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Peers told ‘enough is enough’ as Parliament faces all-night Rwanda Bill sitting

(House of Commons/UK Parliament/PA)
(House of Commons/UK Parliament/PA)

MPs have issued a fresh challenge to peers over changes to the Government’s flagship Rwanda plan, as the parliamentary gridlock heads towards a potential overnight showdown.

Home Office minister Michael Tomlinson told peers “enough is enough” as he urged them to relent in making changes to the Safety of Rwanda (Asylum and Immigration) Bill.

The Bill aims to legally bolster the Government’s Rwanda deportation plan, which would see some asylum seekers flown on a one-way trip to the east African nation.

Ministers hope this will act as a deterrent to migrants attempting to cross the English Channel in small boats.

Earlier on Monday, Rishi Sunak blamed Labour peers for holding up the Bill, as he acknowledged he will miss his self-imposed spring target for getting the Rwanda scheme off the ground.

In the latest round of a protracted back-and-forth between the Commons and Lords, the upper House last week amended the Bill to include an exemption for Afghan nationals who assisted British troops.

It also added a provision to the Bill meaning Rwanda could not be treated as safe unless it was deemed so by an independent monitoring body.

On Monday the Commons rejected the two amendments, meaning the Bill will return to the Lords later, where peers will choose whether to insist on their changes.

Opening the debate in the Commons, Mr Tomlinson said: “It appears that I was indeed optimistic last week when I foresaw the end of ping pong and I looked forward to the time when we were not debating this particular piece of legislation. It’s disappointing that we are back here again.

“Of course, the other place should undertake its role as a revising chamber and of course they’re entitled to ask the Government to think again. But did we think again and again?”

He added: “Enough is enough. The opposition have delayed this Bill for too long, we must get on with it.

“I urge this House once again to send an unambiguous message to the other place, the time has come for Labour lords to respect the view of this House and let this Bill now pass.”

Despite a majority in both votes, a swathe of MPs urged the Government to compromise in its approach to Afghan nationals and others who have helped British forces overseas.

DUP MP Jim Shannon (Strangford) said: “Does the minister not agree that there’s a simple way out of this deadlock, and that is to accept that those who can demonstrate that they were assisting the British forces in Afghanistan?”

His DUP colleague Sammy Wilson (East Antrim) claimed the UK has a “moral duty” to help Afghan nationals fleeing the Taliban because they assisted British forces.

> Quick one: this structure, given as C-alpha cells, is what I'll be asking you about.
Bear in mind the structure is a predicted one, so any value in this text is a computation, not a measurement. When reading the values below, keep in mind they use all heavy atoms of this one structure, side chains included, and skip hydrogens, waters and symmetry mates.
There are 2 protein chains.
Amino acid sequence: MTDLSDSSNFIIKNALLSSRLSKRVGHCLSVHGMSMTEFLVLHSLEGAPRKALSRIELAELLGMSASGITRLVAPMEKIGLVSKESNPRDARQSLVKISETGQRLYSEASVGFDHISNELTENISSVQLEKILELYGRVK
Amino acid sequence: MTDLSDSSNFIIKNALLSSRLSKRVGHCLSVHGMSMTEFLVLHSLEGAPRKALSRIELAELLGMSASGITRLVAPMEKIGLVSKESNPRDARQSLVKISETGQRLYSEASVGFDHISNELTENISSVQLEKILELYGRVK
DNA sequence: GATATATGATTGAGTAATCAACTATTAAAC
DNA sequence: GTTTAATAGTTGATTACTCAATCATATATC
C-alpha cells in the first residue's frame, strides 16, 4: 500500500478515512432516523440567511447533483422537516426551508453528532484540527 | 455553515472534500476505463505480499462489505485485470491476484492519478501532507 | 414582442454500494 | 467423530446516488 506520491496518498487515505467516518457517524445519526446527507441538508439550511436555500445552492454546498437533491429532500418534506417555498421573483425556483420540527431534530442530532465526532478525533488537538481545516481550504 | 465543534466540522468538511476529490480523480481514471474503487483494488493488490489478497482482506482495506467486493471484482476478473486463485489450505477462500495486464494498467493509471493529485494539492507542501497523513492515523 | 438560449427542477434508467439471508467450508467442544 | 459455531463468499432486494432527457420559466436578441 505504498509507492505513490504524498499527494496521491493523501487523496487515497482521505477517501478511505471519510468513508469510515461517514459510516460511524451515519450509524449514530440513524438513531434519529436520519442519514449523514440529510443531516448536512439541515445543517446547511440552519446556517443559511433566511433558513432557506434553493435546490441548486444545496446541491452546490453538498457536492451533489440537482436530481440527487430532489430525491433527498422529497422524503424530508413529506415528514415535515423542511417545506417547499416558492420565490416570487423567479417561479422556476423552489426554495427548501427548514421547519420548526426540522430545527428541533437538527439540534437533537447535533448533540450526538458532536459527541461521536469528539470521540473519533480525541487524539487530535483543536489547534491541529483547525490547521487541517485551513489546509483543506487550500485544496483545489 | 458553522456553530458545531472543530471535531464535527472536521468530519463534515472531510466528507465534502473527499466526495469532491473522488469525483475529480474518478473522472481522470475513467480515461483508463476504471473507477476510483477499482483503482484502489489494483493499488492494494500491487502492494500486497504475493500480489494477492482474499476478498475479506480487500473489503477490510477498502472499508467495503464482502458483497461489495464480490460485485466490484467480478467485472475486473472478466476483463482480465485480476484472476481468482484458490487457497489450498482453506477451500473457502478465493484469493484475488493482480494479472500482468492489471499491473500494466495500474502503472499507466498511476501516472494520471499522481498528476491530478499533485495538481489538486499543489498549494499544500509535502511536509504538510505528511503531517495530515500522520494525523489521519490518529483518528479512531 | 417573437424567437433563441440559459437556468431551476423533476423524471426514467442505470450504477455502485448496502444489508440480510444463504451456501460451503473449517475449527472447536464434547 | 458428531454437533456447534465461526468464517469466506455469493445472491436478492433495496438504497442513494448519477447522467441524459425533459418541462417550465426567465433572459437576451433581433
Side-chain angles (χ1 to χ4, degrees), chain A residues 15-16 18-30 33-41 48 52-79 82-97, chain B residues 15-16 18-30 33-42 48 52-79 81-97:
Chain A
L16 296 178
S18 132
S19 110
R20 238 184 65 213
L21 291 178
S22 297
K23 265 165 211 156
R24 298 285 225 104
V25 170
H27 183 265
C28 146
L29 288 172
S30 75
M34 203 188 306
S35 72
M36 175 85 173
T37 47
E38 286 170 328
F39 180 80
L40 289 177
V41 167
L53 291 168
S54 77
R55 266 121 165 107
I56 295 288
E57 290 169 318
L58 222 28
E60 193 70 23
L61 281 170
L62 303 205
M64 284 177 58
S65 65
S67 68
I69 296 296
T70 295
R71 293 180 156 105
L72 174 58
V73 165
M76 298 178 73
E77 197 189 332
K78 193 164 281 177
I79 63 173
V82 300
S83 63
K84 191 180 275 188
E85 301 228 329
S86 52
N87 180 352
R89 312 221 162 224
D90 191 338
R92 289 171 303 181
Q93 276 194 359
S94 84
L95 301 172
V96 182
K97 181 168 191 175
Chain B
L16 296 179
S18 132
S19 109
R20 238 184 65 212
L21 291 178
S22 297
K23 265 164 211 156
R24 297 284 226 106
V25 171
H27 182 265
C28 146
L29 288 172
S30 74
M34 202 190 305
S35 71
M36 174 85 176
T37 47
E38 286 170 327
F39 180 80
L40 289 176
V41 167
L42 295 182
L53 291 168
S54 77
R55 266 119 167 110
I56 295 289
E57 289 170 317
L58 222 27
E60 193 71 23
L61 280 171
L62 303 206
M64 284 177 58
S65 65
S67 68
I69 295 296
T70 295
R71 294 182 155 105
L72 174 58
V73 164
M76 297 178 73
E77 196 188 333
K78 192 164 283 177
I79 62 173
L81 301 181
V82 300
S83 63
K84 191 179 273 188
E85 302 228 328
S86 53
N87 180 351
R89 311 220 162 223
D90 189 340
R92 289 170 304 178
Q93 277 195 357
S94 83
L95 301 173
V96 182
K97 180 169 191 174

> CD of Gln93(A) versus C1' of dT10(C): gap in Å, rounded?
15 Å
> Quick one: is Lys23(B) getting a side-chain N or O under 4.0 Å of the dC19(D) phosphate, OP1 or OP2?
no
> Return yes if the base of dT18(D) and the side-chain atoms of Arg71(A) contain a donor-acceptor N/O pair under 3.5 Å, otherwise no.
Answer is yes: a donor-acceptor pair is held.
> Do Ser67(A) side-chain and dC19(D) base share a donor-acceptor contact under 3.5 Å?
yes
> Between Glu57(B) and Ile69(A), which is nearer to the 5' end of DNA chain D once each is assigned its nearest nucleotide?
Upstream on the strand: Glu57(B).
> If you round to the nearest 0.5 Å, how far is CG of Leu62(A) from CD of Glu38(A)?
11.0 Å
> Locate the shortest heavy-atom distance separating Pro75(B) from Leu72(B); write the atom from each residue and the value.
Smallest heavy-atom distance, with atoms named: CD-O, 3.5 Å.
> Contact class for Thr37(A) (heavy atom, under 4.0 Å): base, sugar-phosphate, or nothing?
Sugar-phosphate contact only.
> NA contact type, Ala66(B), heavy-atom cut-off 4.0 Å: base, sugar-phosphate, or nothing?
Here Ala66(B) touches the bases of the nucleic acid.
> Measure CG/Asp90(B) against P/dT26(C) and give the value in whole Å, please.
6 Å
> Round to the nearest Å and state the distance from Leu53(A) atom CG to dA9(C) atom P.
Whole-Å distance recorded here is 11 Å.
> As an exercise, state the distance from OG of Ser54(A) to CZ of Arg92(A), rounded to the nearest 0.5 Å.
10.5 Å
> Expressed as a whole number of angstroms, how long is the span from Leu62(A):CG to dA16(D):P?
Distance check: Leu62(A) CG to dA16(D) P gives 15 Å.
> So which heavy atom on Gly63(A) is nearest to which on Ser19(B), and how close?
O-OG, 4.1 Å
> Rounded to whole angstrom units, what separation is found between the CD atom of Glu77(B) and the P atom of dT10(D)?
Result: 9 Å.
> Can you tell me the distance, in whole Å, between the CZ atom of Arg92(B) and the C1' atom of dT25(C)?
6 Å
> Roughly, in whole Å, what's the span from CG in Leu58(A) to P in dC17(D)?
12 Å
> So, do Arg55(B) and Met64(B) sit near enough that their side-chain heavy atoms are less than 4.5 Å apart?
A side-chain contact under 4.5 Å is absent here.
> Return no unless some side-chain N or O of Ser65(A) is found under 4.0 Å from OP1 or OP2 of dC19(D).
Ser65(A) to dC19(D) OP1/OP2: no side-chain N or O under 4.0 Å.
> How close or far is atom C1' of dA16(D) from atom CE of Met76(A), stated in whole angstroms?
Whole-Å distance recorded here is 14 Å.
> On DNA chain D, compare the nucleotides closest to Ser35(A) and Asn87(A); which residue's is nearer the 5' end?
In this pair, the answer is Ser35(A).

Labour MP John McDonnell (Hayes and Harlington) said the measure “cannot be seen as a wrecking amendment in any way”, adding: “I urge the other place to stand firm on this one, because I actually do think the British public support this amendment as well.”

Tory former justice secretary Sir Robert Buckland called on ministers to show “a little further movement” on the issue.

Sir Robert Buckland
Sir Robert Buckland (Liam McBurney/PA)

He was the only Conservative MP not to vote with the Government.

But he was joined by Tory former minister Sir Jeremy Wright in rebelling against the Government on attempts to ensure the safety of Rwanda is monitored by an outside body.

Mr Tomlinson said the the Government would not deport those eligible under the Afghan Relocations and Assistance Policy (Arap) to Rwanda.

“Once this review of Arap decisions for those with credible links to Afghan specialist units has concluded, the Government will not remove to Rwanda those who received a positive eligibility decision as a result of this review where they are already in the United Kingdom,” he said.

Shadow immigration minister Stephen Kinnock told the Commons: “You could be forgiven for concluding that the truth of the matter is that ministers have been deliberately stringing this out, for two reasons.

“Firstly, because they thought that they could make some grubby political capital from the delay, and secondly, because they’ve been scrambling to get a flight organised and all the other logistics that are not in place.”

In a morning press conference the Prime Minister acknowledged it will still be 10 to 12 weeks before the first plane carrying asylum seekers takes off.

After that, there will be “multiple flights a month through the summer and beyond”, he said.

He blamed Labour opposition to the plan for the delay, and said MPs and peers will sit through the night if necessary to get the Safety of Rwanda (Asylum and Immigration) Bill passed.

Tory former minister Tim Loughton told BBC Radio 4’s World At One programme he had his sleeping bag ready for the possibility.

Catering staff in the Lords have made provision to offer refreshments into the night.